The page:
Flight of fancy: a Pohoda Preview

If gliding directly into a festival sounds like your thing

Photographer:Peter Corkhill

30 June 2011

Last year, a line-up that shamed a good many of our own larger festivals, made Pohoda one of the summer’s hot euro tickets. With Deus, Pulp, Portishead, Moby, Madness, M.I.A. and Santigold this time around they are continuing their finely-tuned blend of international talent and regional flavour.

Taking place in Trencin Airport, about an hour from the capital Bratislava, Pohoda has become the predominant event on the Slovak summer calendar. With an impressive roster, both international and regional and a Glastonbury-like dedication to the full spread of the performing arts, Pohoda looks ‘príliš dobré necha? ujs?. Now brush up on your Slovak and see you there.

Five not to miss:

You can say they are past it, you can say that Suggs’ recent dalliances with fish fingers and beer companies make them look a little dumb but we won’t listen. VF defies anyone not to tip their fez, button their polo shirt up all the way and burst a number of blood vessels skanking to the contents of one of the finest English pop-songbooks ever.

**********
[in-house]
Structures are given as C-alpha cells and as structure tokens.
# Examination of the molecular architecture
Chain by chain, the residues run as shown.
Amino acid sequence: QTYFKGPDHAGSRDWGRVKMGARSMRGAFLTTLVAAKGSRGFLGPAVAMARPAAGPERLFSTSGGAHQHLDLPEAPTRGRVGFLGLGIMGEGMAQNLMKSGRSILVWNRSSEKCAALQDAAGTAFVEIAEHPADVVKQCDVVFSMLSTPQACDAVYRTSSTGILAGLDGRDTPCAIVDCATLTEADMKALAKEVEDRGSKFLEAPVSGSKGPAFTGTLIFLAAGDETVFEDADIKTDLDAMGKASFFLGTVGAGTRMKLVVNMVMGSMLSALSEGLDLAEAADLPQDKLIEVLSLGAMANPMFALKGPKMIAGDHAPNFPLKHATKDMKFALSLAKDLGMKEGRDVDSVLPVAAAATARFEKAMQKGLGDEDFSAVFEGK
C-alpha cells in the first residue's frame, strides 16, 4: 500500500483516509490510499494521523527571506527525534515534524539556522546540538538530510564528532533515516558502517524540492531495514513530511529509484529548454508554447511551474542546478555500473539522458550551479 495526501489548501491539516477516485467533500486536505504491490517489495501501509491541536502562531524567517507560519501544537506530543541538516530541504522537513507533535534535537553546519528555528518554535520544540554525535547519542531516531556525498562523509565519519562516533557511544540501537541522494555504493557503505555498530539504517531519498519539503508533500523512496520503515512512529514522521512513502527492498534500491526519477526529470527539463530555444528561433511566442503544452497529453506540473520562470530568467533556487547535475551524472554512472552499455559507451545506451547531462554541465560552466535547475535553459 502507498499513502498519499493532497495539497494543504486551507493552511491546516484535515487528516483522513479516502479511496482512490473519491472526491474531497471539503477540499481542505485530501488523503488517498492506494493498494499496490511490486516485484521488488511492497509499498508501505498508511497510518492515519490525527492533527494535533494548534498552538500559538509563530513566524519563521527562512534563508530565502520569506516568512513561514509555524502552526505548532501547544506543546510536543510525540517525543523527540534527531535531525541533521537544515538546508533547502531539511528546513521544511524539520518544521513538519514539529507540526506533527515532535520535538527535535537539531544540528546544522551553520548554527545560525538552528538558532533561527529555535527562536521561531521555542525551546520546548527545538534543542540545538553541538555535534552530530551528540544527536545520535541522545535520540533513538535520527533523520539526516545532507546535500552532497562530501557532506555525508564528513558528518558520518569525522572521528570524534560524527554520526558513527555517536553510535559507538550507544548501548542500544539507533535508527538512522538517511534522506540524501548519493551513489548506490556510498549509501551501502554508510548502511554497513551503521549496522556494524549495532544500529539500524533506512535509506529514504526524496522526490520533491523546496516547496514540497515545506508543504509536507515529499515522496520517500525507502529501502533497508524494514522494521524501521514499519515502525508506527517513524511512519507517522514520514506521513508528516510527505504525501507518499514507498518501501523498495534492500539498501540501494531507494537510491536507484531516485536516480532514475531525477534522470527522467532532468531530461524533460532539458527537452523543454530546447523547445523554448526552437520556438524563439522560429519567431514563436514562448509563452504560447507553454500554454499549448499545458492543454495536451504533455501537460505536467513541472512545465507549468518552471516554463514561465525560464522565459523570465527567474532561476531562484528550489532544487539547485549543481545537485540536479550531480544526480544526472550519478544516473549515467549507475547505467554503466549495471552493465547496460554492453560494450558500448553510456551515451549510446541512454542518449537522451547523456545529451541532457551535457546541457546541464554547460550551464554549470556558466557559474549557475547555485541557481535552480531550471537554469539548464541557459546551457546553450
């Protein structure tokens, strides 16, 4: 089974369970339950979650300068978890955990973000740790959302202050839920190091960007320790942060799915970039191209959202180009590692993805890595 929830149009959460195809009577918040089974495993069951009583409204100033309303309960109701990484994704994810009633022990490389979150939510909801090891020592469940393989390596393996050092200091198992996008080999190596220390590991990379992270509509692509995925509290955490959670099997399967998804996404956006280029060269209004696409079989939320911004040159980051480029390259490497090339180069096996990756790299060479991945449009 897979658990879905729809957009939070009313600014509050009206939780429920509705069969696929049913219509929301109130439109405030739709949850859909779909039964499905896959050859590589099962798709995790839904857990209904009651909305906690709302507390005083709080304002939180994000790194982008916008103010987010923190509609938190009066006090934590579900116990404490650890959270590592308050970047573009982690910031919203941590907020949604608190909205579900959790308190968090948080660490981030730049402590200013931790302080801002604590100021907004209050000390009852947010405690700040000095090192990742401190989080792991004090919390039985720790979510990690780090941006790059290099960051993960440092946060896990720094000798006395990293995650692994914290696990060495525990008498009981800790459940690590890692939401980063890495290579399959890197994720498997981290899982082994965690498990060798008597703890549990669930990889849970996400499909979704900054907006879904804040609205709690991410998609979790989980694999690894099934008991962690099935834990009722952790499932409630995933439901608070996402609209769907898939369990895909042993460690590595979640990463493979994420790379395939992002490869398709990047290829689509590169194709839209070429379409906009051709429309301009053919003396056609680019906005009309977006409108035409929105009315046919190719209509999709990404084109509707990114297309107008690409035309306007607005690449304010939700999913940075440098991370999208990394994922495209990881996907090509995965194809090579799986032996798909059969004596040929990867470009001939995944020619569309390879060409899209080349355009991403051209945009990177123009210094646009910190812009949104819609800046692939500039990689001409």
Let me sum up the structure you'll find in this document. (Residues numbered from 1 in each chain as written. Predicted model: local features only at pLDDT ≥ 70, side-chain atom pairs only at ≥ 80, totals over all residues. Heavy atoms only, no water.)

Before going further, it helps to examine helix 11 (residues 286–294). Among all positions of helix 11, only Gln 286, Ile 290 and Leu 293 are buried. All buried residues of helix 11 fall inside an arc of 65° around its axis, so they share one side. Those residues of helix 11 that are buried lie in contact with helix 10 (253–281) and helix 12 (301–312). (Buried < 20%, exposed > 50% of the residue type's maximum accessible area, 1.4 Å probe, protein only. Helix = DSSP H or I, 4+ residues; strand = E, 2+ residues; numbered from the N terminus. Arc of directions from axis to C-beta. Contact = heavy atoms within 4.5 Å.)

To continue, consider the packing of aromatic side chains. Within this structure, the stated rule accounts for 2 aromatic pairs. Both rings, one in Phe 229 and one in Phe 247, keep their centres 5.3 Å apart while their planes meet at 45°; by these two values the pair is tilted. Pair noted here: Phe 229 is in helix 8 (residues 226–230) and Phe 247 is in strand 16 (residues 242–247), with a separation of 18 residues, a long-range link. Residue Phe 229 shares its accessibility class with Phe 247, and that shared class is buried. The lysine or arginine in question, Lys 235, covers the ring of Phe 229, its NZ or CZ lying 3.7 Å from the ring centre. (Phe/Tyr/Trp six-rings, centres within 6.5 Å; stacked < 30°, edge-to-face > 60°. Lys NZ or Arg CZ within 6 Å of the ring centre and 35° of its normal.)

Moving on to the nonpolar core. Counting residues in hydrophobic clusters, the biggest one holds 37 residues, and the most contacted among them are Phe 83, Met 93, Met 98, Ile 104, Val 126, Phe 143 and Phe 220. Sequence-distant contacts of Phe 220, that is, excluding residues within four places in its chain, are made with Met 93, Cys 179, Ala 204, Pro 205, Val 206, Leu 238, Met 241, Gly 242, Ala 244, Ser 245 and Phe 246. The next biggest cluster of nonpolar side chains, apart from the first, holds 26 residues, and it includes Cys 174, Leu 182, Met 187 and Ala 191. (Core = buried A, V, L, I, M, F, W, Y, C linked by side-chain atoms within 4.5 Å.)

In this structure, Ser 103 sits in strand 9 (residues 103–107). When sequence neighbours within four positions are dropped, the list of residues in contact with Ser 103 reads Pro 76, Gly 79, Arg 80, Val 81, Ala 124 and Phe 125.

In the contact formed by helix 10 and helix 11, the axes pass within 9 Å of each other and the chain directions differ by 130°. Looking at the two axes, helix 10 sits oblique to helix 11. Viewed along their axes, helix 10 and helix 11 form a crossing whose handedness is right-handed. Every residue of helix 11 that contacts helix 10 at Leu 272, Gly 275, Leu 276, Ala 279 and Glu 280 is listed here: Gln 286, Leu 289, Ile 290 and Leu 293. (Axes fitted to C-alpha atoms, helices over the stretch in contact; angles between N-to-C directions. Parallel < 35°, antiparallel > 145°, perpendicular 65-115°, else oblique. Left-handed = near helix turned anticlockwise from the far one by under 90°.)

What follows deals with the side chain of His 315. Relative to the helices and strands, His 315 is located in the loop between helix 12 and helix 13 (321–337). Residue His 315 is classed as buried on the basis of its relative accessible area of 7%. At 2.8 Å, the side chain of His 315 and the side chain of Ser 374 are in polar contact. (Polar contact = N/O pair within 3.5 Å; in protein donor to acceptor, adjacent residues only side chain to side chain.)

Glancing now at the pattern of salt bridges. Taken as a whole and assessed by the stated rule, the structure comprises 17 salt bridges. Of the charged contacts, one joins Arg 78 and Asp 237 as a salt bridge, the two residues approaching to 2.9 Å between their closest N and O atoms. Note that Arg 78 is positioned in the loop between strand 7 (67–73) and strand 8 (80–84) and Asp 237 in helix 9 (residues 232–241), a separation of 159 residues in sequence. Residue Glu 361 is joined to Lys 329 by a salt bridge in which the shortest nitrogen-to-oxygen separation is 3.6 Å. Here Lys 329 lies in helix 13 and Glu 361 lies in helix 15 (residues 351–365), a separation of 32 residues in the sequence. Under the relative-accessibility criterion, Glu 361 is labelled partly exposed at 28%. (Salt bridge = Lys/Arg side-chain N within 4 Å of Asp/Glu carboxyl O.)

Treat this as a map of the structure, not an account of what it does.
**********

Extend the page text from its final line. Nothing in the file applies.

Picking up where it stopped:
Rumours abound about a new album and the first deadline for that (end of 2010) has passed. A series of European live dates and curator-ship of ATP could see the band road-test new material and that makes attendance at any one of the dates irresistible – they’ve been away too long.

Public Image Limited
Thank the god’s of dairy produce for the reunion of one of the finest post-punk bands ever. John Lydons antics, whatever you think of the man himself, will guarantee a charged atmosphere. Their back catalogue, which just gets better with age, means they’ve got the tunes to back up the sneer.

Cello Colosseum
Eight cellists, loudly hammering out the works of Arvo Part, Wagner and Bach to a stadium full of people as the sun comes up, we wouldn’t miss it for the world. Leader Jozef Lupek and his cello troops have become a Pohoda institution since 2007 so it would be rude not too.

  Songs that expose the soft, nostalgic underbelly of British culture shouldn’t really be anthemic stadium-filling fodder, but Pulp’s rousing festival set’s of yesterday remain a benchmark for sing-alongers everywhere. Expect the common people of Slovakia to go nuts for the hits.


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